Tag Archive: Cut Flowers

  1. Annual Cut Flowers for Fall

    Nigella JaKMPM

    Love-in-a-mist flowers are airy, colorful and long-lasting. Their pretty puffy seedheads can be dried for winter everlasting arrangements.

    Some of the prettiest flowers for cutting are annuals that grow and bloom fast and thrive in cool weather. Sweet peas, bachelor’s buttons, sulfur coreopsis, love-in-a-mist and annual baby’s breath are some of the best cool-season cut flowers that flower quickly from seed. Growing them is a snap. Start them in early August, and you should have lots of pretty flowers for cutting by late September to early October.

    If you are someone who already plants cut flowers, you will likely still have annual blooms from summer on hand—like summer zinnias, tall marigolds and purple cosmos—but these tend to lose steam towards the end of the season. Removing old plants and filling in the holes with fresh, cool-season flowers will pay off. Just be sure to turn and smooth the clean ground for planting, and topdress with a good, moisture-holding mix that will allow your new cut flower seeds to germinate easily. Fafard Ultra Outdoor Planting Mix is a great choice.

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    Towering orange sulfur coreopsis is a beautiful Park’s Seed exclusive that is perfect for fall cutting! (photo care of Park’s Seed)

    Once your area is prepared, sprinkle your seeds of choice over the soil, sprinkle some additional mix on top and gently pat the area down. Keep newly sown spots evenly moist by with daily misting or watering. Most annuals germinate quickly, in a week or a bit more. Once the new seedlings have emerged, continue providing them with needed moisture and be sure to remove any weed seedlings. Water seedlings/plantlets every two weeks with a little water-soluble flower food. This will help them grow and flower at top speed.

    Sweet peas (Lathyrus odoratus, 74-85 days from seed) are some of the sweetest smelling cool cut flowers, but they require light trellising. This is easily done by securing strong, firm stakes into the ground and lining the spaces between them with trellis netting that the peas can climb up with their tendrils. Renee’s Garden Seeds carries loads of exceptional sweet peas for cutting. The antique ‘Perfume Delight’ is especially fragrant and a little more heat-tolerant, which allows them to forge through unexpected fall heat.  (Read Renee’s article “All About Sweet Peas” for more information about these pleasing flowers.)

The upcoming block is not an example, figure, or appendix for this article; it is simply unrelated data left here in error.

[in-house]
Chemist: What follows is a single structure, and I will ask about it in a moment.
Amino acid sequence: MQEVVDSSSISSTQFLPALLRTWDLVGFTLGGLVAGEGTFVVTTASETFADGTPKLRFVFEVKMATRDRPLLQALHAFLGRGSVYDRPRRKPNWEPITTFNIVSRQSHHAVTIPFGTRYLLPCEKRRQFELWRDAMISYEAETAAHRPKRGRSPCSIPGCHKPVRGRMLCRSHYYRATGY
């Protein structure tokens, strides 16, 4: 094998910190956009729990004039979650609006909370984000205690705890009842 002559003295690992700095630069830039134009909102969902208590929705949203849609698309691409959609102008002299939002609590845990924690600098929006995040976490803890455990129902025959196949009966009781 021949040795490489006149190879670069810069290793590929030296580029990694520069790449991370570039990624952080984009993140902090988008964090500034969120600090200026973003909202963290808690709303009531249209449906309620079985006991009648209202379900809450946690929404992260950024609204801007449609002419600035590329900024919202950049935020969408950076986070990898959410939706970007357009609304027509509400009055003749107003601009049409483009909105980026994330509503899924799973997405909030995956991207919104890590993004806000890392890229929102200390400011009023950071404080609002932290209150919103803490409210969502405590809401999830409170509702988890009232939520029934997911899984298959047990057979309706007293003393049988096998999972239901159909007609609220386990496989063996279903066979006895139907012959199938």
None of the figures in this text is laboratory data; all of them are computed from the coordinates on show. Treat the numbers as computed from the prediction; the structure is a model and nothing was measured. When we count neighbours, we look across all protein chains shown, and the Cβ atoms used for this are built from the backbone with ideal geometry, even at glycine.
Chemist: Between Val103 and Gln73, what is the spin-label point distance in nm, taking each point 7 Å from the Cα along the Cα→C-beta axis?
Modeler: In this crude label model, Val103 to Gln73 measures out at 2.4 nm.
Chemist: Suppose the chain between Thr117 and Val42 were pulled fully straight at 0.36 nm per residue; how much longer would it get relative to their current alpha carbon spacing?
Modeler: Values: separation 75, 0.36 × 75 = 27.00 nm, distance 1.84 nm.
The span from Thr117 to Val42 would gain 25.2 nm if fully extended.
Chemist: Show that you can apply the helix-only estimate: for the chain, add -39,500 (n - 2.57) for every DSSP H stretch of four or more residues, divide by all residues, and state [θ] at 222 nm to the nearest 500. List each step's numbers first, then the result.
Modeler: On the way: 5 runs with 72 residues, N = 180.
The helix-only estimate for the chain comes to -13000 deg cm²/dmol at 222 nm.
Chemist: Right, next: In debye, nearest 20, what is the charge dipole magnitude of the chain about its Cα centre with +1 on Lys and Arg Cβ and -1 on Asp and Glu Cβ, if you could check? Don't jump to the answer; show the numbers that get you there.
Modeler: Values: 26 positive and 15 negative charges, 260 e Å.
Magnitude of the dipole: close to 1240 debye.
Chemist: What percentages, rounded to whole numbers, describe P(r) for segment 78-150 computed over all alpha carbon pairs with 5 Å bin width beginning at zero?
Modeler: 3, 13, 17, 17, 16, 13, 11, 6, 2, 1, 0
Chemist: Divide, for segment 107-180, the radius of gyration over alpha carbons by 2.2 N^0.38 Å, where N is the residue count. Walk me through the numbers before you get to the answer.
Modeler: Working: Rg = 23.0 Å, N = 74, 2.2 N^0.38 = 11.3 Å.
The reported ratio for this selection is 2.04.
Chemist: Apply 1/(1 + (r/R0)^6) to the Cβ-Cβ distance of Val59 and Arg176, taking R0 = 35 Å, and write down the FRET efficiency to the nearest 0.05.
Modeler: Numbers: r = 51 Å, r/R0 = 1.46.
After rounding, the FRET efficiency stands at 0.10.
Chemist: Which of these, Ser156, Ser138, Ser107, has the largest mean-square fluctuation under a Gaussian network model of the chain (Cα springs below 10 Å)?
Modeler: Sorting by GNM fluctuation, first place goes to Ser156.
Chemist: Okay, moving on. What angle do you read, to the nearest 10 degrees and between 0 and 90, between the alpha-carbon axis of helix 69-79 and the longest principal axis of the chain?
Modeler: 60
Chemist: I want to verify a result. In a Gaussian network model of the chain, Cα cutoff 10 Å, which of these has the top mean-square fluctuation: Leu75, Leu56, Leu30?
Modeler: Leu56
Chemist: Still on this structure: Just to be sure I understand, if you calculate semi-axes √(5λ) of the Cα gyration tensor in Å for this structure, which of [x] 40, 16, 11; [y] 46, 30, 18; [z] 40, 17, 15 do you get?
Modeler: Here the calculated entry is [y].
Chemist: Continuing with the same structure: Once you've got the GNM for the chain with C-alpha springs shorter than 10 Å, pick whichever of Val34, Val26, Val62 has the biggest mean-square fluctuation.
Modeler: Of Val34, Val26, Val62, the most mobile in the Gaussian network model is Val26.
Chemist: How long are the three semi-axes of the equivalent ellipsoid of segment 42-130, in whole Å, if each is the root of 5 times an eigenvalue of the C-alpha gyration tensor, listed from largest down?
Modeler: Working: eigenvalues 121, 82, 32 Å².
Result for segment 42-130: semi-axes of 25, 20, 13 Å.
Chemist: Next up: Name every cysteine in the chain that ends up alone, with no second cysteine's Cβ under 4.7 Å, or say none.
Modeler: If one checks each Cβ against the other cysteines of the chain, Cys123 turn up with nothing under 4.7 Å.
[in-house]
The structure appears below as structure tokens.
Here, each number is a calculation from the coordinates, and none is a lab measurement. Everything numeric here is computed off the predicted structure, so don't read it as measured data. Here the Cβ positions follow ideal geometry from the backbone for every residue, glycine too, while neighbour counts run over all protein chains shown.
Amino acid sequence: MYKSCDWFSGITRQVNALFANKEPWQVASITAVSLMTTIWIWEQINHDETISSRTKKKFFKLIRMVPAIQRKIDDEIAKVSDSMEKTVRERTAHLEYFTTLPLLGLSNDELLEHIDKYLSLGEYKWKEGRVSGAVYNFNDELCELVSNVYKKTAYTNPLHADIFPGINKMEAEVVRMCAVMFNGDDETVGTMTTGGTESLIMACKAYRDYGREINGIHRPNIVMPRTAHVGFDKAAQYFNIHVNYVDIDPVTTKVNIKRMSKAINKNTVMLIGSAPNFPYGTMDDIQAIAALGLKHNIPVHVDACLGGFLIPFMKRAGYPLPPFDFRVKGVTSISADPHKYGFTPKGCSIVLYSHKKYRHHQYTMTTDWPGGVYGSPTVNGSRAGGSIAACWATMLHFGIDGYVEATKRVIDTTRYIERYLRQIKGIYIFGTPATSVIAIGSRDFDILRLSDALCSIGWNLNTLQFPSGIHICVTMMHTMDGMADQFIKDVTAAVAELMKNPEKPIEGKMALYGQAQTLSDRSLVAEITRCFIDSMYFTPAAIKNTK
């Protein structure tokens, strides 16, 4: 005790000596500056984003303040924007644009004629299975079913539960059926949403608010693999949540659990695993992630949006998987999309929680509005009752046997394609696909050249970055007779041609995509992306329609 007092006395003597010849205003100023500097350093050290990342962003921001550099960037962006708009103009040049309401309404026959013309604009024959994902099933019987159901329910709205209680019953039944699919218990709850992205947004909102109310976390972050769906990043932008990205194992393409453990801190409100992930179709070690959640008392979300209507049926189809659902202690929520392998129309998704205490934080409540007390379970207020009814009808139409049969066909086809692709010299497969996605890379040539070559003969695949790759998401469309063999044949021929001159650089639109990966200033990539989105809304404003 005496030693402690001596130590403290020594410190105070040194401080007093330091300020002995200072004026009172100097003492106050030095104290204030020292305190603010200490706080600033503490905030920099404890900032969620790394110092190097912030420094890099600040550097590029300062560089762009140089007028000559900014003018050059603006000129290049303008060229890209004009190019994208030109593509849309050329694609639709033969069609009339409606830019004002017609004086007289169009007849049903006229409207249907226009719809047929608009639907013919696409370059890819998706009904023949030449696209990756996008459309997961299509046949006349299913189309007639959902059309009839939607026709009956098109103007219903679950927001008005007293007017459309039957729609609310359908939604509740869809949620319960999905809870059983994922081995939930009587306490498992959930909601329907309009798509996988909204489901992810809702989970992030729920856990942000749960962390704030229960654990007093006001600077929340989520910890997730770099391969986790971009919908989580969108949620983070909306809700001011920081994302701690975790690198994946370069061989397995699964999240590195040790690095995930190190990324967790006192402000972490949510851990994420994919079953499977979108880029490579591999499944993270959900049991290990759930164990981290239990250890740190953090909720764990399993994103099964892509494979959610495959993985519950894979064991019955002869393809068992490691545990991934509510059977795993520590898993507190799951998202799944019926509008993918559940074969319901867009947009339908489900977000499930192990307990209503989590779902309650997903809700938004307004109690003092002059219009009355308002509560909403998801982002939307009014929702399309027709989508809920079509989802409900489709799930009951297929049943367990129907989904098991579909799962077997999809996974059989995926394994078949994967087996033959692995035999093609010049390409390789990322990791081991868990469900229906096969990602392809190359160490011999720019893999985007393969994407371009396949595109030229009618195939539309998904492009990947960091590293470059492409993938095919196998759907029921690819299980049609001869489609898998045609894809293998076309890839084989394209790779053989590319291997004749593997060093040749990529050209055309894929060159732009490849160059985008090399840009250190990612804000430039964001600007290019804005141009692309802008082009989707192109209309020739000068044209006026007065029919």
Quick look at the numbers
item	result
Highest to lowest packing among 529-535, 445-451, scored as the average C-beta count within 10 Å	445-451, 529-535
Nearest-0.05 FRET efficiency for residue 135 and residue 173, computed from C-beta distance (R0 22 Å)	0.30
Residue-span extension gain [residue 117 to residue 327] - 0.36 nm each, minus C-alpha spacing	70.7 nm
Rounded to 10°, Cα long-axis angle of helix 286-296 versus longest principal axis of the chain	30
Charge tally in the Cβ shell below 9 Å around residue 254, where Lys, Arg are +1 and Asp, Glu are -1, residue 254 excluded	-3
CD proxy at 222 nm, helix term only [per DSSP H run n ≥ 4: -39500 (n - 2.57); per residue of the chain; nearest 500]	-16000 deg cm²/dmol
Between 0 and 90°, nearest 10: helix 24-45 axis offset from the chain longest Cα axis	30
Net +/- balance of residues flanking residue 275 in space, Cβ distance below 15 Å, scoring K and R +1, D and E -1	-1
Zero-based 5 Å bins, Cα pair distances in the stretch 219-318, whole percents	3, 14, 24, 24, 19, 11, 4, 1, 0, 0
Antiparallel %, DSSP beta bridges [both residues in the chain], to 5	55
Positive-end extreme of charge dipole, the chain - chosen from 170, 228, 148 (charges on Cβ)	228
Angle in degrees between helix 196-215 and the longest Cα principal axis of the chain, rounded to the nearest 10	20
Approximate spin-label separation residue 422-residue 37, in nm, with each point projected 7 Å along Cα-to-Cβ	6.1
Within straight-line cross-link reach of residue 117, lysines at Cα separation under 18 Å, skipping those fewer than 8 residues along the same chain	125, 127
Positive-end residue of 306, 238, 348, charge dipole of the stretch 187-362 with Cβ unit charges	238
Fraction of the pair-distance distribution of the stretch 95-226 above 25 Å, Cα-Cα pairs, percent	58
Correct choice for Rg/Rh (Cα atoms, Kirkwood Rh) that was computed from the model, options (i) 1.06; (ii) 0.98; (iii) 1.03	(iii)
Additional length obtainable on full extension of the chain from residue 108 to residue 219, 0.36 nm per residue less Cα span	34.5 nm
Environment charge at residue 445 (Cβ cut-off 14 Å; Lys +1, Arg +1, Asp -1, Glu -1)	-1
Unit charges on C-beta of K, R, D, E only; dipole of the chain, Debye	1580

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    The classic bachelor’s button for cutting is the long-stemmed ‘Blue Boy’. (photo care of Johnny’s Selected Seeds)

    Colorful bachelor’s buttons (Centaurea cyanus, 65-75 days from seed) come in shades of richest violet-blue, pink white and deepest burgundy. Most agree that the blue flowers are the most remarkable and prettiest in a vase. There are lots of tidy dwarf varieties but these have short stems. Long-stemmed selections are the best for cutting, but the weak-stemmed plants require staking for reliable upright growth. ‘Blue Boy’ is an old-fashioned, large-flowered heirloom with tall stems perfect for cutting.

    Sulfur coreopsis (Coreopsis sulphureus, 50-60 days from seed) is one of the fastest cut flowers to bloom from seed. The long-stemmed ‘Towering Orange’ is a Park’s Seed exclusive that produces billows of tangerine orange flowers that will last a long time. (These look beautiful in a vase mixed with ‘Blue Boy’ flowers!)

    Renees swp-perfume

    Extra fragrant, colorful blooms are the selling point of ‘Perfume Delight’ sweet pea sold by Renee’s Seeds. (photo care of Renee’s Garden Seeds)

    Uniquely lacy flowers make love-in-a-mist (Nigella damascena, 63-80 days from seed) especially charming in the garden or a vase. The dried seed pots are also visually interesting, allowing them to double as dried flowers. The flowers come in shades of violet-blue, purple, white and pink. One of the better Nigella mixes is provided by Johnny’s Selected Seeds.

    No flower arrangement is complete without a frothy filler flower to add loft and interest. Annual baby’s breath is the standard choice and ‘Covent Garden Market’ is a tall, airy choice that will bloom until frost. It is very easy to grow and its small, white, cup-shaped flowers make more colorful blooms stand out in a vase.

    Cut flowers make gardens and homes more colorful, so consider planting some of these traditional beauties now for fall. You’ll save money at the farmer’s market and impress your guests.

  2. Zinnias for Colorful Containers & Cut Flowers

    Pink and apricot profusion zinnias add soft color to this midsummer flower garden.